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WRITTEN BY CATHERINE M. ALLCHIN
PHOTOGRAPHED BY BARRY WONG
|Touching the Heart's Delight
Fun and filling, Chinese dim sum is a tradition worth adopting
The Chinese custom of gathering with friends and family for a never-ending parade of dumplings and tea is called dim sum literally meaning "to touch your heart." Centuries ago, Cantonese tea houses began popping up to nourish weary travelers and farmers. The tradition of yum cha, or "drinking tea," eventually came to include eating snacks, and dim sum was born. Today dim sum is served throughout China and all over the world.
If you like sharing food and tasting as much as possible at one sitting, dim sum is right up your alley. If you like sharing food and tasting as much as possible at one sitting and you happen to love Chinese food, it's nirvana.
You don't have to be steeped in the tradition to enjoy it, either. "Non-Asians are really interested in dim sum now because it's fast and fun, and you can pick what you like and try a lot of different things," says Assunta Ng, publisher of the Northwest Asian Weekly and Seattle Chinese Post. And perhaps its ultimate plus: "Dim sum brings people together."
Usually, the fare consists of bite-sized dumplings, noodles and balls of various meats or fish. It's heavy on shrimp and pork, but you'll find some chicken, beef and vegetarian items, too. Spareribs are a standard. Dishes are steamed, fried or baked, so you can get a variety of textures. There's a great blend of savory and sweet flavors, too, but none of it is particularly spicy. Hot sauce is always available on the side for those who like an extra kick. Finish it all off with some mango pudding or crispy sesame balls.
Some of the food may be unfamiliar, but don't let it or the whizzing trays and boisterous groups intimidate you. Ng offers some other advice: Go with Chinese friends for your first dim sum experience. Take a big group so you can taste more. Be open-minded and experiment. Live a little.
Luckily, Rich's mother, May, sat next to me to explain the different dishes and customs. Originally from Shanghai, May and her husband, Ken, now reserve dim sum for special occasions, but they used to be able to eat it every day in China, or even have it delivered.
May offered us some fragrant jasmine tea as we joined the two grandparents, two parents and three young children already at the table. The most important thing about this table, I quickly determined, was the enormous lazy Susan sprawling in the middle. That's where all the food went. One portion usually equals three small pieces, which, when cut, allow several people to share without getting too full. And so the lazy Susan whirled back and forth all meal long as we chose our next bites hardly lazy at all!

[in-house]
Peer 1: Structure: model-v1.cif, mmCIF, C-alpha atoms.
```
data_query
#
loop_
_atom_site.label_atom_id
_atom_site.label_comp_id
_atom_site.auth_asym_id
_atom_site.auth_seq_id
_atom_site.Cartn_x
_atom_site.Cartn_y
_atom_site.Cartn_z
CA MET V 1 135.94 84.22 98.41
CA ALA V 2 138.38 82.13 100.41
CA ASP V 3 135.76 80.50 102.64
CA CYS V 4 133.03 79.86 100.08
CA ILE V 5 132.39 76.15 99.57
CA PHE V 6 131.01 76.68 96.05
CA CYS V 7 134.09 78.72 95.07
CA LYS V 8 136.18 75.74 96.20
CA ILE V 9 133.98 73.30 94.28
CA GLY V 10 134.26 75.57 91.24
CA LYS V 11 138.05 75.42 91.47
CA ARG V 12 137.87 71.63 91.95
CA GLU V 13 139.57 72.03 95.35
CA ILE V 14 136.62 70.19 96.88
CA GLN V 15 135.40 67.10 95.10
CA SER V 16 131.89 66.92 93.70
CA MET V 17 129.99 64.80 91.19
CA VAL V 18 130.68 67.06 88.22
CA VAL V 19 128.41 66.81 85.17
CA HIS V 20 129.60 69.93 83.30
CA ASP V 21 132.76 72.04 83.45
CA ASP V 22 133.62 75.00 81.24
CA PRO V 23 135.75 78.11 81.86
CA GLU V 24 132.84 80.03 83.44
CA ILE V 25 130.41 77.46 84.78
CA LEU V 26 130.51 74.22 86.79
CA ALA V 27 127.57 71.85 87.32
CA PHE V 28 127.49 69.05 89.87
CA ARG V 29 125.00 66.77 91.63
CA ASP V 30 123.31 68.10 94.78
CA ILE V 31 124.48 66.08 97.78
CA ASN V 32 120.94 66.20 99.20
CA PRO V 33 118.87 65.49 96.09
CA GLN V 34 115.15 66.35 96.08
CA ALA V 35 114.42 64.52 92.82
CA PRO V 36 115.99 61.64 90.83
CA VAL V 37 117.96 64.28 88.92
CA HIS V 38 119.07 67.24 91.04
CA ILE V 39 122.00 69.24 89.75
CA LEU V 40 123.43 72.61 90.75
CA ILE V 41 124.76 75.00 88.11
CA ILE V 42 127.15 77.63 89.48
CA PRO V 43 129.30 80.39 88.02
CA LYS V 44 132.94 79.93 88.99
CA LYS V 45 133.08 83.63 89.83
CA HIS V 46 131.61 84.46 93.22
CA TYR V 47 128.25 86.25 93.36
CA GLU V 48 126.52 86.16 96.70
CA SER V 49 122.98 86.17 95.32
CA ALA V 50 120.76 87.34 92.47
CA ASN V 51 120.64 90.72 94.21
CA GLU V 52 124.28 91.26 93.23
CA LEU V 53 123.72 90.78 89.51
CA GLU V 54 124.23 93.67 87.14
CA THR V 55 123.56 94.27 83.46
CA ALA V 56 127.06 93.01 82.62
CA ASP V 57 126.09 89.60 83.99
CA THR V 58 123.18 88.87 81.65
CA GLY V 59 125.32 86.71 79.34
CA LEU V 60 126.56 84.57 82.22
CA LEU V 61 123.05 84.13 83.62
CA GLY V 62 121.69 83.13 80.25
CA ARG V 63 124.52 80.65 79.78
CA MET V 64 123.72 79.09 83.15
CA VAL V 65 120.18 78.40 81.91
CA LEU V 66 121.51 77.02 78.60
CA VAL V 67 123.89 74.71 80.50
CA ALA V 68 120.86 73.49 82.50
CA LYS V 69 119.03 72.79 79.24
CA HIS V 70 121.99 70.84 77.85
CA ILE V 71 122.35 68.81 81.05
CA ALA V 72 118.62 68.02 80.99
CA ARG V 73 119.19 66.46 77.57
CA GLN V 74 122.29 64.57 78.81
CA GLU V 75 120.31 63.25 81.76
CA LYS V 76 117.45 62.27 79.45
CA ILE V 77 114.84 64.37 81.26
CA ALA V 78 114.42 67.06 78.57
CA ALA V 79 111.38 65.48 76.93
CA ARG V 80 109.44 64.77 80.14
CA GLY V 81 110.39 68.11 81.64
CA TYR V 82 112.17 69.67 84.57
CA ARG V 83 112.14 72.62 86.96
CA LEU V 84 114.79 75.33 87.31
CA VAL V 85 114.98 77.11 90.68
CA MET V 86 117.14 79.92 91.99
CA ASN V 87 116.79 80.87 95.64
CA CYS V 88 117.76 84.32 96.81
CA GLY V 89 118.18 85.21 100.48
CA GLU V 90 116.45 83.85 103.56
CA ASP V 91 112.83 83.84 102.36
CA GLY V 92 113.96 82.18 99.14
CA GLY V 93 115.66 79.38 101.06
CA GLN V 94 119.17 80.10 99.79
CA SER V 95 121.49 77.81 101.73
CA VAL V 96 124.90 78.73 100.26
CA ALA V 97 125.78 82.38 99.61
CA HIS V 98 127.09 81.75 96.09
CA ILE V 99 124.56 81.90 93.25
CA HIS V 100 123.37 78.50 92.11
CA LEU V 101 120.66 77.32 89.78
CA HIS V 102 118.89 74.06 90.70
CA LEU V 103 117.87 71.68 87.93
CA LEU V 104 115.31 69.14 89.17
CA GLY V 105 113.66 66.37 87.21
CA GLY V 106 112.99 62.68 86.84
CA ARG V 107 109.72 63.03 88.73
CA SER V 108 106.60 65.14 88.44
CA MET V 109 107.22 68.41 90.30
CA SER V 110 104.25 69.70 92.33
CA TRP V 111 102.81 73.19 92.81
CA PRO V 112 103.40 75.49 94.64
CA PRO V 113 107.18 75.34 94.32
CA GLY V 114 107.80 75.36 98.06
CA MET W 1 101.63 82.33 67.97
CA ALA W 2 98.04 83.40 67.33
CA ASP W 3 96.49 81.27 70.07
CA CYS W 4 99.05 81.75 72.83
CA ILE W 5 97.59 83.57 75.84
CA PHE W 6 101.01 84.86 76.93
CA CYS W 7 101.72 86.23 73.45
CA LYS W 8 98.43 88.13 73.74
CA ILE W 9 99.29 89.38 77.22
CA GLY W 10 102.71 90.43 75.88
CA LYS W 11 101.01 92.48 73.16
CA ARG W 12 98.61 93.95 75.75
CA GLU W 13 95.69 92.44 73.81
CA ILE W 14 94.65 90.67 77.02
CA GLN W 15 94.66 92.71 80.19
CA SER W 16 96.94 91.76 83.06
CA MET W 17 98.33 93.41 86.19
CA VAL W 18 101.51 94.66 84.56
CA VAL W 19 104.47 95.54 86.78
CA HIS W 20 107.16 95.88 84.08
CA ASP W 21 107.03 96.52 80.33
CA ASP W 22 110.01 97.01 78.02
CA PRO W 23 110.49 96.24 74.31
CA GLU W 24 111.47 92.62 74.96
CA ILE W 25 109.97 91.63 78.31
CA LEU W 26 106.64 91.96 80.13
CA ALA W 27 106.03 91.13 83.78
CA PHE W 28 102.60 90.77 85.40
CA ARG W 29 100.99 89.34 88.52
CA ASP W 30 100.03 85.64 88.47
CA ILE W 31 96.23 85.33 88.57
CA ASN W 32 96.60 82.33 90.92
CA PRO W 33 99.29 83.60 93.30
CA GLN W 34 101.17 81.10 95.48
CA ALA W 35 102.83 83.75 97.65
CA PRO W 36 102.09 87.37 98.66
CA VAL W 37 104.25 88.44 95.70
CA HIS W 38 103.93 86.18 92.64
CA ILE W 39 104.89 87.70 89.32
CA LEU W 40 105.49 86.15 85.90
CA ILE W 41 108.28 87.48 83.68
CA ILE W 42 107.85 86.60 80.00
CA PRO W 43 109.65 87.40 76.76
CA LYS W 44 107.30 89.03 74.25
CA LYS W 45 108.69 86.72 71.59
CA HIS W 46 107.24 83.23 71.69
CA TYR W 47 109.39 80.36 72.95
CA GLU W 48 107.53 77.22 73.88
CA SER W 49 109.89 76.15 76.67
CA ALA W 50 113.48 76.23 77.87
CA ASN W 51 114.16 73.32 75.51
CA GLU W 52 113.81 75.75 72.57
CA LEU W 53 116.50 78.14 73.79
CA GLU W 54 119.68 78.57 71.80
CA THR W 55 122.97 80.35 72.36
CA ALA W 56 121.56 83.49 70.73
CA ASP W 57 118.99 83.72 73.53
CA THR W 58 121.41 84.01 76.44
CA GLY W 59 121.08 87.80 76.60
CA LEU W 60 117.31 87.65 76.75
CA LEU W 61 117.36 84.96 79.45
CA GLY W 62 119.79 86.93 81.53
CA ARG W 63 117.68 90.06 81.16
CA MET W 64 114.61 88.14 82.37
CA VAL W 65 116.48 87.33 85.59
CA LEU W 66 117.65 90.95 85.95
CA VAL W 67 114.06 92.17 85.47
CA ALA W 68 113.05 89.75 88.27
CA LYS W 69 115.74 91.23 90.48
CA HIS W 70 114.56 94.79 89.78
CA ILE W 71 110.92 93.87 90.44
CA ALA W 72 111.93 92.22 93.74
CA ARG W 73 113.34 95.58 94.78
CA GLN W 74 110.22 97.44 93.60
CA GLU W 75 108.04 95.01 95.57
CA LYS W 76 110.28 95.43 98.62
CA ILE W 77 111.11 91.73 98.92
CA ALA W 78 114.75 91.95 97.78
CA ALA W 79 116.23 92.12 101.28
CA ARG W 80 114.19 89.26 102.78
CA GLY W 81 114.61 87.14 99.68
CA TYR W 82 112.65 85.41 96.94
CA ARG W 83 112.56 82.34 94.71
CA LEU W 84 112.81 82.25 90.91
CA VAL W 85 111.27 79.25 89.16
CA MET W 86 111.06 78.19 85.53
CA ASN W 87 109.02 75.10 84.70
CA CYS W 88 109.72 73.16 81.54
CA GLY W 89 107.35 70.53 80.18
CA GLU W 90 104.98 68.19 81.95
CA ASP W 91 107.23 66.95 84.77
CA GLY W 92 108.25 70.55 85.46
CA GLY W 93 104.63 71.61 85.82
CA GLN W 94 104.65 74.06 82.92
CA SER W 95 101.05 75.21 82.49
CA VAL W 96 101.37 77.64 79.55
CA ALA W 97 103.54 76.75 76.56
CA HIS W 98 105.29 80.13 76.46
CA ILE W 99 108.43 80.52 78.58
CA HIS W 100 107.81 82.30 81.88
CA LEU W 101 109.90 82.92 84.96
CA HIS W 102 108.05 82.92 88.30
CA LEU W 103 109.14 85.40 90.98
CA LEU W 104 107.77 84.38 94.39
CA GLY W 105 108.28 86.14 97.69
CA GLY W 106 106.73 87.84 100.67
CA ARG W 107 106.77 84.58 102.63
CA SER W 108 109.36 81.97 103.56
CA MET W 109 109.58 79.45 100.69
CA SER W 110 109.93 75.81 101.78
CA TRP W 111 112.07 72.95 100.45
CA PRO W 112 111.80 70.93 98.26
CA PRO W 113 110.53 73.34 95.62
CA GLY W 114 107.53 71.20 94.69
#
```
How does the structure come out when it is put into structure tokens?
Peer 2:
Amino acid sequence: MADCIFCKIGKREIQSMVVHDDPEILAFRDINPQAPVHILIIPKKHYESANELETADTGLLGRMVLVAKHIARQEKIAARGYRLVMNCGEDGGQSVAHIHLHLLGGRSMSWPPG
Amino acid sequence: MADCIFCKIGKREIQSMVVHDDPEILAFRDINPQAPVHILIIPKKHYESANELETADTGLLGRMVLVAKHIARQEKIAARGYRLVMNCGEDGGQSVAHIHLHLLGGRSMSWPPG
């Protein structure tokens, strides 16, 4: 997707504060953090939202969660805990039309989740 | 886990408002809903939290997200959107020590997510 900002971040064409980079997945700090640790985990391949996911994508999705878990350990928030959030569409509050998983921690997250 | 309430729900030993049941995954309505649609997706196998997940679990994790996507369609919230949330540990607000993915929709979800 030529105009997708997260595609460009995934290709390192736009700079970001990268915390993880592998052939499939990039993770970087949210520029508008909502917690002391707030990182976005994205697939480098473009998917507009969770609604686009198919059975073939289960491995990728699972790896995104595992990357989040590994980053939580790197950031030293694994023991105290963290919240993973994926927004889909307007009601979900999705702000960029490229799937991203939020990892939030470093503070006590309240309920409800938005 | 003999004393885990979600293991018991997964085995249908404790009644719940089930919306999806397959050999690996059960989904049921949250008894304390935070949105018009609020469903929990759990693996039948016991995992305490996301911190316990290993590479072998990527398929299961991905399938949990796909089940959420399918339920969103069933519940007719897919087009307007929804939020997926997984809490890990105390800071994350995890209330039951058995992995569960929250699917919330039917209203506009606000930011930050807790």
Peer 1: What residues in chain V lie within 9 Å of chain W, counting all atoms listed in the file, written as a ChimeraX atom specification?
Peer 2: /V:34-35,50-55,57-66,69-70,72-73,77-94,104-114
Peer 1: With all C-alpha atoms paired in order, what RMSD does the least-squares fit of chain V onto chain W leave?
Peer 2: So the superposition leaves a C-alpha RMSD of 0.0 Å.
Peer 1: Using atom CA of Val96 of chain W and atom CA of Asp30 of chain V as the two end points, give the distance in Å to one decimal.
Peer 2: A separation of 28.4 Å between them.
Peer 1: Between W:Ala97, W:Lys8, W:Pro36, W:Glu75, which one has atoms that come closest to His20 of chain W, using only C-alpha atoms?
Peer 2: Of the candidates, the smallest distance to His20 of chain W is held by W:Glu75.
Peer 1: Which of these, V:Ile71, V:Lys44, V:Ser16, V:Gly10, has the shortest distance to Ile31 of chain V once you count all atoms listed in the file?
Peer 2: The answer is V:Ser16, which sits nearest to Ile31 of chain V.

Carts approached in an endless stream, and May chatted quickly in Cantonese with the servers about the various offerings. She was the expert intermediary between us and the carts. Menus are not typically used for dim sum. Servers keep a running tally on your bill as you choose more food. "Try this," May said, spinning two of the most popular dishes, shau mai (open-top pork dumplings) and har gao (steamed shrimp dumplings) in front of me. The kids devoured soft, chewy baos with a pork center while coveting a plate of sweet custard tarts. My 2½-year-old-son surprised me by heartily eating these new delights. His favorite, and mine, was cheunfun, tasty shrimp inside a slippery rice-noodle roll.
As I lifted up a crunchy bean-curd roll, Rich eyed my reach and cheerfully instructed me about the Chinese practice of turning one's chopsticks around when selecting food from serving dishes to avoid spreading germs. I tried in vain to flip my chopsticks over in one hand and did a decent job of embarrassing myself in front of our friends. Meanwhile, my husband, who has the skilled digits of a guitar player, showed off by turning his long sticks over and over single-handedly.
Although dim sum usually is a long, multi-hour eating and tea-drinking extravaganza with lively conversation, Rich says that with kids, "We're optimized for speed." Food was chosen and delivered right when we sat down, which kids and parents alike appreciate. A group of adults, on the other hand, may choose to have dim sum in courses, with the lighter steamed dishes first, followed by more exotic items such as chicken's feet, then deep-fried dishes and, finally, dessert.